Pushed hard by his line manager, and trying to do the conscientious thing, Panakestor first tried to implement the required estimation or a workable alternative.

He tried to align the workers through multiple stages of conversation. They in turn considered the request and then rejected it, threatening a walk-out and strike action, potentially resulting in a major loss of crops, should they be required to co-operate. In order to work around that, Panakestor even tried to enlist the services of others – to no avail.

In the end, Panakestor obtained information structured in a traditional way, and this is what he passed on to his better. He even accomplished other tasks, and brought in the required shares, against all the odds – only to be charged with negligence.

Were the Egyptian workers insubordinate and resistant to change, refusing to take part in what modern-day division heads might call a review of efficiency and effectiveness?

One might spin it that way, but Panakestor’s version allows for a very different take on the matter.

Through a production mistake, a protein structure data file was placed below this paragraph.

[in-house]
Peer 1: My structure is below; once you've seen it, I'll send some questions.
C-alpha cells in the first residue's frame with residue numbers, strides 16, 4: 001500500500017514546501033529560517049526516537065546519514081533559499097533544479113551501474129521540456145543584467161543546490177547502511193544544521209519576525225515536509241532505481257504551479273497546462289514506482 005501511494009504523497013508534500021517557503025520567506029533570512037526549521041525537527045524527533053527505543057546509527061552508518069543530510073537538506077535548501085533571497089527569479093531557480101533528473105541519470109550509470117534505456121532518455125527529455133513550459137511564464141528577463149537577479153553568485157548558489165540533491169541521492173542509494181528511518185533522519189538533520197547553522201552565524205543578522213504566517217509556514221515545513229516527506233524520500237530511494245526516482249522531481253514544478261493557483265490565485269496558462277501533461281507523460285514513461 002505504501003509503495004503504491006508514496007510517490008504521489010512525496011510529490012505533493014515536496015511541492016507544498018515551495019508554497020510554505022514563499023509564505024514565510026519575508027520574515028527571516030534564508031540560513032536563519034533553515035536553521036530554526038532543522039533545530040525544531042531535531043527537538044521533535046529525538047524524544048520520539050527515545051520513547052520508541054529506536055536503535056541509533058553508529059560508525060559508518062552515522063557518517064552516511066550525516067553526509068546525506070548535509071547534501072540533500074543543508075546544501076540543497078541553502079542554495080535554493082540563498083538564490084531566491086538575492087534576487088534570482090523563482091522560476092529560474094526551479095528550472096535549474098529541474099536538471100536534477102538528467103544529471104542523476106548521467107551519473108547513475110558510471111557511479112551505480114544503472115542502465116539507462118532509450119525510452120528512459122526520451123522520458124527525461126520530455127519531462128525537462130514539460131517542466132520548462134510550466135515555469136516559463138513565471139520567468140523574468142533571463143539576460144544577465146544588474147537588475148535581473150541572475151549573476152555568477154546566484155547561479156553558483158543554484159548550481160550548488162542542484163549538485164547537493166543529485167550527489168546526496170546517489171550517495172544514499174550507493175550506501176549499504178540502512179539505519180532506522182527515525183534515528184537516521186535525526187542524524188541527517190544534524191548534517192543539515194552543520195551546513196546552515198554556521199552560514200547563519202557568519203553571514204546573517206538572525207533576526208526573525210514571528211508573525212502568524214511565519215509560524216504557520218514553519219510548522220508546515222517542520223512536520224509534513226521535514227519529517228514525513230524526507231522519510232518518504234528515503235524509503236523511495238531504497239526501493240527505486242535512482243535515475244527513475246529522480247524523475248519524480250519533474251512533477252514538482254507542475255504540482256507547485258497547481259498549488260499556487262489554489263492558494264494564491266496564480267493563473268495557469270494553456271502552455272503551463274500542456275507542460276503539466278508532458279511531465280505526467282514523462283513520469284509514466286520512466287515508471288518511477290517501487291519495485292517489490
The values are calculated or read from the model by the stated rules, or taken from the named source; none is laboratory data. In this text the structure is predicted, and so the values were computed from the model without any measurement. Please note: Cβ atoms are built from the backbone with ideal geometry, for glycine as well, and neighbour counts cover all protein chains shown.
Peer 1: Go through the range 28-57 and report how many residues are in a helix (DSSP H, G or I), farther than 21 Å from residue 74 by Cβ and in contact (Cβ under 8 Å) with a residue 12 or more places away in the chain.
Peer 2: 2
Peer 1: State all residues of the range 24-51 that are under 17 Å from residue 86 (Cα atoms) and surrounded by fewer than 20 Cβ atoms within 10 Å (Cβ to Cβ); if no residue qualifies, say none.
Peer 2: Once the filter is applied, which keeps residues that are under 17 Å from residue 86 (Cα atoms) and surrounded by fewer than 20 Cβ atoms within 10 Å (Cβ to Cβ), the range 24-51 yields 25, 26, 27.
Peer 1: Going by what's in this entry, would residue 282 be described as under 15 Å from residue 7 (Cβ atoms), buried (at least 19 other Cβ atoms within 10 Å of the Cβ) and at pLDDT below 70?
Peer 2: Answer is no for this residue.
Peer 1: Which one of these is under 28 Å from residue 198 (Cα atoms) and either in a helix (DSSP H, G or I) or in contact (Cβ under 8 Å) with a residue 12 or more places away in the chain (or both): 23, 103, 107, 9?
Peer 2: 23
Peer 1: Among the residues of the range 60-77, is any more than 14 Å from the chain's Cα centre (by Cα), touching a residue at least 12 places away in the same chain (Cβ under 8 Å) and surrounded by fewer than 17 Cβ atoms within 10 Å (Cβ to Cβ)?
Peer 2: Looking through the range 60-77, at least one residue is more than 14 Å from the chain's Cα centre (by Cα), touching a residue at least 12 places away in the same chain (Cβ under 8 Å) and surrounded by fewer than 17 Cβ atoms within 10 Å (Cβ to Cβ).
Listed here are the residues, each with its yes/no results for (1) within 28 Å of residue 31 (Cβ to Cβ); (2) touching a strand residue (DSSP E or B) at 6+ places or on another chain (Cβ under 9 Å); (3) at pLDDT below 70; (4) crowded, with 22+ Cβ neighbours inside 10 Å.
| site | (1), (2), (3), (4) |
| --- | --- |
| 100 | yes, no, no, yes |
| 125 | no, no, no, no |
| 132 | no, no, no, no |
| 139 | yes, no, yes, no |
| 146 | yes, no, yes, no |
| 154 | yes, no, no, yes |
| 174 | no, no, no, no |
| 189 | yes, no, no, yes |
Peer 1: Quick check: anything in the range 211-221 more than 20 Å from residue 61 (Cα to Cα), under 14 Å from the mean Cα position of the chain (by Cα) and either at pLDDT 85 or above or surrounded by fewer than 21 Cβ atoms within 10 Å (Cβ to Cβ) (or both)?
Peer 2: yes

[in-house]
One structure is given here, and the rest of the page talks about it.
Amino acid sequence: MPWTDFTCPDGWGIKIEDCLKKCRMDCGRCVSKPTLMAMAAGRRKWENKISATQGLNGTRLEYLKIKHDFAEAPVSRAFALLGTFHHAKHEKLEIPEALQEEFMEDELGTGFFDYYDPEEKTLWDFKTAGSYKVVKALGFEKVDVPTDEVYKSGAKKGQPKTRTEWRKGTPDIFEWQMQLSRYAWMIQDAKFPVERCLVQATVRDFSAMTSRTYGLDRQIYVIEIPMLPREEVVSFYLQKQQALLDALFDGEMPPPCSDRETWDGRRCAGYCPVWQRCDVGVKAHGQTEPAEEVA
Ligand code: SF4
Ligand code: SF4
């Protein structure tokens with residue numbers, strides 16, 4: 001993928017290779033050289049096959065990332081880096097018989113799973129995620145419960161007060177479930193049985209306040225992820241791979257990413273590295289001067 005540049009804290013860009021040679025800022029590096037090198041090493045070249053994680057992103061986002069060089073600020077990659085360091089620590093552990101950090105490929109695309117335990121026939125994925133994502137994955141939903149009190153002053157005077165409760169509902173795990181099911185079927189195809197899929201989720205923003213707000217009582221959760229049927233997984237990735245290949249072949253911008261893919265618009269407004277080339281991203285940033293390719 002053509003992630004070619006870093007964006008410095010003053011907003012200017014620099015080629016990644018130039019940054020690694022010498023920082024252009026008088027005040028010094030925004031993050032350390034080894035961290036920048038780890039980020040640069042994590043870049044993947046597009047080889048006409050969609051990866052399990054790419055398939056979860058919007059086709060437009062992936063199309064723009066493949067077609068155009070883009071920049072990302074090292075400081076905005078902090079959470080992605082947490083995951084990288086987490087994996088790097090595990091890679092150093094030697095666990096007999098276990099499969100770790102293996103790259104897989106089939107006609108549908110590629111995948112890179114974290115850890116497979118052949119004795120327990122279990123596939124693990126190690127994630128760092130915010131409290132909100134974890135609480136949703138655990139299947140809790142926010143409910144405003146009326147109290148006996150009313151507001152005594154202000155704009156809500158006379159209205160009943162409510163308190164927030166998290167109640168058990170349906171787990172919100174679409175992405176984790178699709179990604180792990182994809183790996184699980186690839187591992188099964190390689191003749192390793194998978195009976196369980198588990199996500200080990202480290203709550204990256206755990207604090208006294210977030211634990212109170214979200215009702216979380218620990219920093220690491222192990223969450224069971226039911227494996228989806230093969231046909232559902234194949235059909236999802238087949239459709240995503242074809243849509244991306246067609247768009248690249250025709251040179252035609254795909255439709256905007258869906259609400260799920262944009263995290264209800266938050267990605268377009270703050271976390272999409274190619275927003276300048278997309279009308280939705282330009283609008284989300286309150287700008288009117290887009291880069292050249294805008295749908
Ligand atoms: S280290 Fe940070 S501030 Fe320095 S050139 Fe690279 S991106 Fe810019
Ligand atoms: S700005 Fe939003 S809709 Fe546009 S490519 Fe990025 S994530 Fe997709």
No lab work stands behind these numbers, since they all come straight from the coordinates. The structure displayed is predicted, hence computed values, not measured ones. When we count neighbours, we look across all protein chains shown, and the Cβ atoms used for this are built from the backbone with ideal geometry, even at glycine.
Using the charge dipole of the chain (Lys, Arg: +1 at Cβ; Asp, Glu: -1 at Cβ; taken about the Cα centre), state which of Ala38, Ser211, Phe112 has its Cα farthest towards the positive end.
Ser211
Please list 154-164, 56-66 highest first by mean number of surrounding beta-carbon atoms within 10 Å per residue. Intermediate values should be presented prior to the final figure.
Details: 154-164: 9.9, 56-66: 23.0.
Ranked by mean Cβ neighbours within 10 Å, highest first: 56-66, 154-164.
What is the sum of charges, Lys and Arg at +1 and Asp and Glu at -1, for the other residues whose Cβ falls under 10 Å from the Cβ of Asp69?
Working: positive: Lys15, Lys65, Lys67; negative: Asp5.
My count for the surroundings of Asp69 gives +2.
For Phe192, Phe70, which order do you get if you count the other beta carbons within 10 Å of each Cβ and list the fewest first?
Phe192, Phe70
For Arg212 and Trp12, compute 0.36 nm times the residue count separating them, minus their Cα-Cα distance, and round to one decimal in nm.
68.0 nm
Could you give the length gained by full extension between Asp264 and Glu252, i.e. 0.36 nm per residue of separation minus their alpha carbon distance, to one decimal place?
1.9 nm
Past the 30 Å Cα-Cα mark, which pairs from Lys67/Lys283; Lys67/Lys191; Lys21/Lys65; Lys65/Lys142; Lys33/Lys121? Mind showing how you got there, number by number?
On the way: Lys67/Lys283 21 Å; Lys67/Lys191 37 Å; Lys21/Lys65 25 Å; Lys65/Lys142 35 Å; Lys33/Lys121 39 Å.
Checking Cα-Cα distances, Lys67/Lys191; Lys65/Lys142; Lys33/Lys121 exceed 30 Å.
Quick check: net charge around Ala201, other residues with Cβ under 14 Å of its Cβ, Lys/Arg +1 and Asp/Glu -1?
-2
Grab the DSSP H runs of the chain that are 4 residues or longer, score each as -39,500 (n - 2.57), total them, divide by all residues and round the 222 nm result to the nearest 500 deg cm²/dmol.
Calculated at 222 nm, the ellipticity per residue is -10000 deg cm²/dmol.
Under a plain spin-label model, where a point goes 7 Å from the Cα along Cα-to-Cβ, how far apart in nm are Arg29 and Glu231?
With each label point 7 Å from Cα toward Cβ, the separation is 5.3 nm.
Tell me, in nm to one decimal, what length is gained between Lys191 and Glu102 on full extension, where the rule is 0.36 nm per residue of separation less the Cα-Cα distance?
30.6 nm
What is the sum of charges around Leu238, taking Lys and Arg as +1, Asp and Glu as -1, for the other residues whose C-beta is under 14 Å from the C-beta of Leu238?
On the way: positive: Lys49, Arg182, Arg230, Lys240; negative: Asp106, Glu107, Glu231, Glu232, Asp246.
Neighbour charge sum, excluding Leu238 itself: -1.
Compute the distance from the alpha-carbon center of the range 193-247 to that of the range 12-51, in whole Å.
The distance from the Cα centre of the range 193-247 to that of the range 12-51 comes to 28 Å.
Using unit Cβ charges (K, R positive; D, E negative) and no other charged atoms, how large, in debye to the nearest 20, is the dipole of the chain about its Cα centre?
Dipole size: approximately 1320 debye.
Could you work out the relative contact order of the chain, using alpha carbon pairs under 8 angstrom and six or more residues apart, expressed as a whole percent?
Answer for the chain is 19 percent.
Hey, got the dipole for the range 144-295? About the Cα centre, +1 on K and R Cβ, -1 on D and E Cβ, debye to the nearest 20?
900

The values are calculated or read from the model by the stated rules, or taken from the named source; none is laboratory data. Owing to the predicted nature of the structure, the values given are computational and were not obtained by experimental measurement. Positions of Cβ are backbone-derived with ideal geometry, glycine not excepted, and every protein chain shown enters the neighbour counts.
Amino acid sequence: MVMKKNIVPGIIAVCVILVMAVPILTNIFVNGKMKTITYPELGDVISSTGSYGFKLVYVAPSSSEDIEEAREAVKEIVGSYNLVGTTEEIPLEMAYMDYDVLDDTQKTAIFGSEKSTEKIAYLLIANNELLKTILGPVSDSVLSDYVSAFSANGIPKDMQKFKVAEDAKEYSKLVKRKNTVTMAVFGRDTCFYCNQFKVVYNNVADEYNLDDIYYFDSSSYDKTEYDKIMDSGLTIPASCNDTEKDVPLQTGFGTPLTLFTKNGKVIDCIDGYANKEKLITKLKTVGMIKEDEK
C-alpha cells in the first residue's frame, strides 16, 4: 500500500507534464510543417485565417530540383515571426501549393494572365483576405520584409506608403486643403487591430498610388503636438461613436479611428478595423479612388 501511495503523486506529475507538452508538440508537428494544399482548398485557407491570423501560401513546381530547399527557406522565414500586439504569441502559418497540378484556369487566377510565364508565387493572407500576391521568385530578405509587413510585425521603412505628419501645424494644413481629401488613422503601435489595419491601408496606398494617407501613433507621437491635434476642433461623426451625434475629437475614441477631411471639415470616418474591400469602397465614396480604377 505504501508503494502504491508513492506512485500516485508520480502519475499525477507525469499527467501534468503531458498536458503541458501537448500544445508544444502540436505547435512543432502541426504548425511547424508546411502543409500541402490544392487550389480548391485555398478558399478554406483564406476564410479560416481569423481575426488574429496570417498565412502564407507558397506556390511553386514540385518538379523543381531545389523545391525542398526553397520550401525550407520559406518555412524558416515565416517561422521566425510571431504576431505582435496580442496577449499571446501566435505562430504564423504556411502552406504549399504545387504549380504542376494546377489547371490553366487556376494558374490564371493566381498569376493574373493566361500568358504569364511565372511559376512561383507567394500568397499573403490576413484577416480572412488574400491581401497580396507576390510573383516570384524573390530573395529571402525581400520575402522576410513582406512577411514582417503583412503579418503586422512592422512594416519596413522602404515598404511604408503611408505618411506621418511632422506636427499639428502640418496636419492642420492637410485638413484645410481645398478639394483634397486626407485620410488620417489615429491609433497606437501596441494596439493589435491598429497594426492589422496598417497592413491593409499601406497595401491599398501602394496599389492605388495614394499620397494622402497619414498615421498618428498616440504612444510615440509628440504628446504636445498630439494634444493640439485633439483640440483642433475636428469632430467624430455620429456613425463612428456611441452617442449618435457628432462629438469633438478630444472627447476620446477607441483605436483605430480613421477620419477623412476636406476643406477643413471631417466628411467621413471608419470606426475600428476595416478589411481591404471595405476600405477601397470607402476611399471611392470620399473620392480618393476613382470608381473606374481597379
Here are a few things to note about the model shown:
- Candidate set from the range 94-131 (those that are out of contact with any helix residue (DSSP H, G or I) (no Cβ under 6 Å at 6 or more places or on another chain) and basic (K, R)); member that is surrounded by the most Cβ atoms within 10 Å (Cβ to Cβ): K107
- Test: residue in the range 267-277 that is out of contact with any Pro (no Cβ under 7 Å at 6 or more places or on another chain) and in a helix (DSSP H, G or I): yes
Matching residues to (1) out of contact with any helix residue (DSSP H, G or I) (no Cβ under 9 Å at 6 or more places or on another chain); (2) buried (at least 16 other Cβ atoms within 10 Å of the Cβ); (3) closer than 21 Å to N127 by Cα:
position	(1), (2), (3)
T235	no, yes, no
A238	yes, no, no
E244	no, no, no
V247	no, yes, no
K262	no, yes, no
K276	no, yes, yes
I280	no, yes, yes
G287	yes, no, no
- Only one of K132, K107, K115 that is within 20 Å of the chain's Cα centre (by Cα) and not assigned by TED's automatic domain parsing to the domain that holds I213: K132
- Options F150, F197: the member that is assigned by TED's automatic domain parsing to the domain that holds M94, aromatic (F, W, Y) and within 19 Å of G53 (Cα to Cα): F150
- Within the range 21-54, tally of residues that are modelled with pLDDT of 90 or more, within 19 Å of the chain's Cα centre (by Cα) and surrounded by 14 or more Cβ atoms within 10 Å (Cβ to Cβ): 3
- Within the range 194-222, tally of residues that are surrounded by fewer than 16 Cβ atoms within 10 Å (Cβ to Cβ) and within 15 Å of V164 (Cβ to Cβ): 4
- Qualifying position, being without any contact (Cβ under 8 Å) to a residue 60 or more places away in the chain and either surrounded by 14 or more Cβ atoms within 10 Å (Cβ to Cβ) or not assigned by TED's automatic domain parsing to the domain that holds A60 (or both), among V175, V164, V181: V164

It is quite clear from one statement in particular –

‘they sat down in the temple and said they would not make an estimation, justly or unjustly, but would rather abandon the crop, for there was already an agreement that they should give you a third of the produce

– that the workers’ concern was something else: the fear that collaboration with a system that required forecasts and targets would force them into an impossible situation. In this impossible situation, it is no longer reality and experience that determines the course of the world, but made-up, fictive managerial figures and planning charts, imposed not actually for planning purposes, but as a means to exercise power and control, shifting the risk from the employer to the employee.